Translation? CHAOS.


I have had the privilege of teaching both Top and Middle class, and it has been interesting. My class contains a total of 12 of the most adorable 4-6 year-old children I have ever meet in my life. They are full of a love for life, curiosity about the unknown, and limitless energy. I’ll be honest, it has been a challenge to teach these sweet babies, but it has been so rewarding at the same time. Watching them grasp a concept, such as the spelling of the suffix: -ing, or watching their eyes light up when they spell a word correctly has been incredible.  But as rewarding as these little moments are, the most rewarding of all is every morning when we step into the school yard and they all sprint towards us yelling, “Teacher! Teacher! Teacher!” It truly makes all the chaos worth it.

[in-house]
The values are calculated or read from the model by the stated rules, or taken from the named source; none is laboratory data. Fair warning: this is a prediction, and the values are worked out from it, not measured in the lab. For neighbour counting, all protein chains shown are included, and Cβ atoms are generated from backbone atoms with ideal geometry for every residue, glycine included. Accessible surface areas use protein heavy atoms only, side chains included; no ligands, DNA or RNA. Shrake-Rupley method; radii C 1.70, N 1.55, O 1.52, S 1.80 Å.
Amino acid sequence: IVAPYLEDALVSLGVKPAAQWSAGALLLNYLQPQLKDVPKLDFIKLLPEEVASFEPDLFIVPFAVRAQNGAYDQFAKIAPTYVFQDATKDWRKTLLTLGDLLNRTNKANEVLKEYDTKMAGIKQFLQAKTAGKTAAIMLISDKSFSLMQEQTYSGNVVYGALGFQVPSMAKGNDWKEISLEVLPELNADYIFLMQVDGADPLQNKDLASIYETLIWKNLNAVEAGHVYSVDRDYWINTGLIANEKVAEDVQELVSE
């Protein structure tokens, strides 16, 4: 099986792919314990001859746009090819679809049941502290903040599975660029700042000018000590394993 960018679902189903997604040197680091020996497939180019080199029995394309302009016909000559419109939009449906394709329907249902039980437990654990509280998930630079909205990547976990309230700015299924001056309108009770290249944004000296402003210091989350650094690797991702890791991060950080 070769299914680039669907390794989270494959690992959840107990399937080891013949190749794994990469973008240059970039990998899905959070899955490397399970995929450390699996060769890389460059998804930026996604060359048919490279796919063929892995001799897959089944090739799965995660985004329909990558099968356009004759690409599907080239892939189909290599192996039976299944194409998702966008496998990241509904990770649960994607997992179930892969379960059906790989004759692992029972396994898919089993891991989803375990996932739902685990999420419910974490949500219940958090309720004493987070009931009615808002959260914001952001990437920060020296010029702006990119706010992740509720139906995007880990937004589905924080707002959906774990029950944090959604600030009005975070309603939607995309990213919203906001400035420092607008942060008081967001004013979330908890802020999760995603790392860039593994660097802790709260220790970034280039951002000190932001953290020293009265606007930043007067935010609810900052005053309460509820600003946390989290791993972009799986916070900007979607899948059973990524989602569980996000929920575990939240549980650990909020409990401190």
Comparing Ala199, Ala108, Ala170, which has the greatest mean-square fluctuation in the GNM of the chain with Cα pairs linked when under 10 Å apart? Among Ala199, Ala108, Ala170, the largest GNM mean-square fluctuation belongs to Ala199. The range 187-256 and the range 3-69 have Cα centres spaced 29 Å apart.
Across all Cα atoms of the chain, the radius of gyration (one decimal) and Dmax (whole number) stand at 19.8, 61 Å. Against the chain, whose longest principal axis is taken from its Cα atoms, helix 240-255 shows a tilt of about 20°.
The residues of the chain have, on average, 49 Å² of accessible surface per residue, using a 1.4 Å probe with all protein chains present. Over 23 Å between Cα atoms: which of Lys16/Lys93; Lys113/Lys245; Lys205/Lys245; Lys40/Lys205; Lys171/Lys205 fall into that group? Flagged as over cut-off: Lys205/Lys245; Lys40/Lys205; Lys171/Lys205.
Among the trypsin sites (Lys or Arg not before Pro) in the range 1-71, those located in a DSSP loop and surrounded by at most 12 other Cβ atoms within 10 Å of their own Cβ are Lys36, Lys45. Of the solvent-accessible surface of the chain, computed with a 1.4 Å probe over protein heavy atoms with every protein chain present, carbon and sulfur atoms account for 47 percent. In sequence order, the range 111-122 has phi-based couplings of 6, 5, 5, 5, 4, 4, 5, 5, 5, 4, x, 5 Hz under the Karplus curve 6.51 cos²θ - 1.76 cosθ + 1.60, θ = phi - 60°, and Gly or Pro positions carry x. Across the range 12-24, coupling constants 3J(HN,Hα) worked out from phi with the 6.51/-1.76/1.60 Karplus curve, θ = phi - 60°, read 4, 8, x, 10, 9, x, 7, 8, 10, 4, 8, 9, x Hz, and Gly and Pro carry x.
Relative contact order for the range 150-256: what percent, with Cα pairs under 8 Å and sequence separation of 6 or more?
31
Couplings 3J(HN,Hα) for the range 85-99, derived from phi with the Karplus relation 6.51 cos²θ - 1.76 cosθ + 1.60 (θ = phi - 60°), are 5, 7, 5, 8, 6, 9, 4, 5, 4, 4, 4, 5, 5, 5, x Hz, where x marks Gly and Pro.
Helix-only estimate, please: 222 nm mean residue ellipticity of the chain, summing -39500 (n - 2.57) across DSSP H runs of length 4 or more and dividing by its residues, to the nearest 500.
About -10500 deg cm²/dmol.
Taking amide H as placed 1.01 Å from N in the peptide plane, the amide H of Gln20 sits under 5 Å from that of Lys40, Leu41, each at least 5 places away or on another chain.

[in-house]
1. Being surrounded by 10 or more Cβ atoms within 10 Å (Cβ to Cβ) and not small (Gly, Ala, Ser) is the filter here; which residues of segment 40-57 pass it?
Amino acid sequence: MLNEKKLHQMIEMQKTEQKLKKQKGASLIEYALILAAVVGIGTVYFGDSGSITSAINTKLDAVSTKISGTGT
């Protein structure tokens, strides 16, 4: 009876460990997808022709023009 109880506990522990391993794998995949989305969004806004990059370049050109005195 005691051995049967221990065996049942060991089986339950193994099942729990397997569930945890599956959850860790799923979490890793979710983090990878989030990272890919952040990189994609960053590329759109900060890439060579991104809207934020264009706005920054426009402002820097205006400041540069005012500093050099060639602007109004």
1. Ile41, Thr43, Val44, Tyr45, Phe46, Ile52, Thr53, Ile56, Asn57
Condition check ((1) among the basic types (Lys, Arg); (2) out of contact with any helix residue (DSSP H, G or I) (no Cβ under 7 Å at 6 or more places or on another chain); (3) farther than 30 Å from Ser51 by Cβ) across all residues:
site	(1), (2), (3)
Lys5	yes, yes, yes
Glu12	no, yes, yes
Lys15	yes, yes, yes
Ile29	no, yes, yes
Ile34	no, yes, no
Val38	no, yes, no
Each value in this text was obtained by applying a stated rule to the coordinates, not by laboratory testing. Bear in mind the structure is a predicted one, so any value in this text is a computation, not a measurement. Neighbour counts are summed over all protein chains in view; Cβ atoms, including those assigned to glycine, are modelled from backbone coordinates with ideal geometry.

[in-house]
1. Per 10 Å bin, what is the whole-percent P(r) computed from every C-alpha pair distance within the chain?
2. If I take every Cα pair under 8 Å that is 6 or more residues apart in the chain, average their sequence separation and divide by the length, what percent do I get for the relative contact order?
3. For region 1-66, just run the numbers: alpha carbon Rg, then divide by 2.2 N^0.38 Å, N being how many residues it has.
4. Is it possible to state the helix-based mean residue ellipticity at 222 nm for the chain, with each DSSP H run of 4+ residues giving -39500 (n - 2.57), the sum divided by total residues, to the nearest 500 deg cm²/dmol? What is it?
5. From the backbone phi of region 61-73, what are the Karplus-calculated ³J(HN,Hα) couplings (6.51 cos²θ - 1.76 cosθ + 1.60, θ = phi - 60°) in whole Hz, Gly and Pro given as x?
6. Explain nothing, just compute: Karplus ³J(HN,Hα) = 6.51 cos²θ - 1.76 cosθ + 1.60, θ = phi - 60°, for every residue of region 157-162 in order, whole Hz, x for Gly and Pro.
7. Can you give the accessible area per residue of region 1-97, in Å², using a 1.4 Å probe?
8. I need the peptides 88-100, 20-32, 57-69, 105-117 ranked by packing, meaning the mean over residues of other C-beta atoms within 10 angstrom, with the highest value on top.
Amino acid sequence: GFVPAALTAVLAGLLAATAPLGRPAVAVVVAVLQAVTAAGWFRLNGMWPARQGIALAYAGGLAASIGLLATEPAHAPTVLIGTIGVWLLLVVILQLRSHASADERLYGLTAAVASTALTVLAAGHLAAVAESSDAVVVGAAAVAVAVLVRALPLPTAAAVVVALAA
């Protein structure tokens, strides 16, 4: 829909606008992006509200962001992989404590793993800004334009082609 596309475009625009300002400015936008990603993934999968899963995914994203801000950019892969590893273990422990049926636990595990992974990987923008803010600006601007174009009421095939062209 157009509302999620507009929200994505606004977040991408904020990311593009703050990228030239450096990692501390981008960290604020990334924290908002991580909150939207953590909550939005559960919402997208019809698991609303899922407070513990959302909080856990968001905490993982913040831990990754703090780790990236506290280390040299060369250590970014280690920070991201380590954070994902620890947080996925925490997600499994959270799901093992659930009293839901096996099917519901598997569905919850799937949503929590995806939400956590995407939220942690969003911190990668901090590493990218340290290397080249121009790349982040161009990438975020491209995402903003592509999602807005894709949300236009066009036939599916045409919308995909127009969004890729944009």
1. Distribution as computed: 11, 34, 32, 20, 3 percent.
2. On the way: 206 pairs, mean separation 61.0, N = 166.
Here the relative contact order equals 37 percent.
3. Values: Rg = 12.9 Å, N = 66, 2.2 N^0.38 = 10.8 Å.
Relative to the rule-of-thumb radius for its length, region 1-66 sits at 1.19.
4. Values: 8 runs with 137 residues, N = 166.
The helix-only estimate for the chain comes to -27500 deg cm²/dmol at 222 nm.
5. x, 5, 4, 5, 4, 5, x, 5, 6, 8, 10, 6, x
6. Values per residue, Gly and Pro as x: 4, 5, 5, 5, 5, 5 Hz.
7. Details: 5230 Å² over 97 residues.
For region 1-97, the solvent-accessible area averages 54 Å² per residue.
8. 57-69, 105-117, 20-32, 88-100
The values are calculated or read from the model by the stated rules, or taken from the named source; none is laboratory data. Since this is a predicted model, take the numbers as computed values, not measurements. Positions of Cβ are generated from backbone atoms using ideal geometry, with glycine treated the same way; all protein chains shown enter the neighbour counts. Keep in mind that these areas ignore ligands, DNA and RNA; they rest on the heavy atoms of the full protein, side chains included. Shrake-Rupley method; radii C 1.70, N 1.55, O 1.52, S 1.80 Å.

Getting to love on these beautiful children and teach them in the few minutes of focus they allow us brings so much joy to all of our hearts. They show us the meaning of being joyful in all circumstances, they remind us what it looks like to love without limits, and they inspire us with their curiosity and creativity.

Teaching these children is an experience that will stay with us for the rest of our lives as it will remind us to live our lives like these sweet children do.

How God Strengthens Us (By Chloe)

Girl in Van in Uganda
Girl in Van in Uganda
What a life we live my friends!!!! I have loved my time in Uganda. The Lord is revealing Himself and WOW! He has a funny sense of humor! On Tuesday night, I woke up not feeling well, and the best leader and second Mom EVER, Sarah, stepped in and sat with me the whole time (praise Jesus for Sarah!!!!). Even though I didn’t feel well, we talked and laughed… mainly at this little life we live!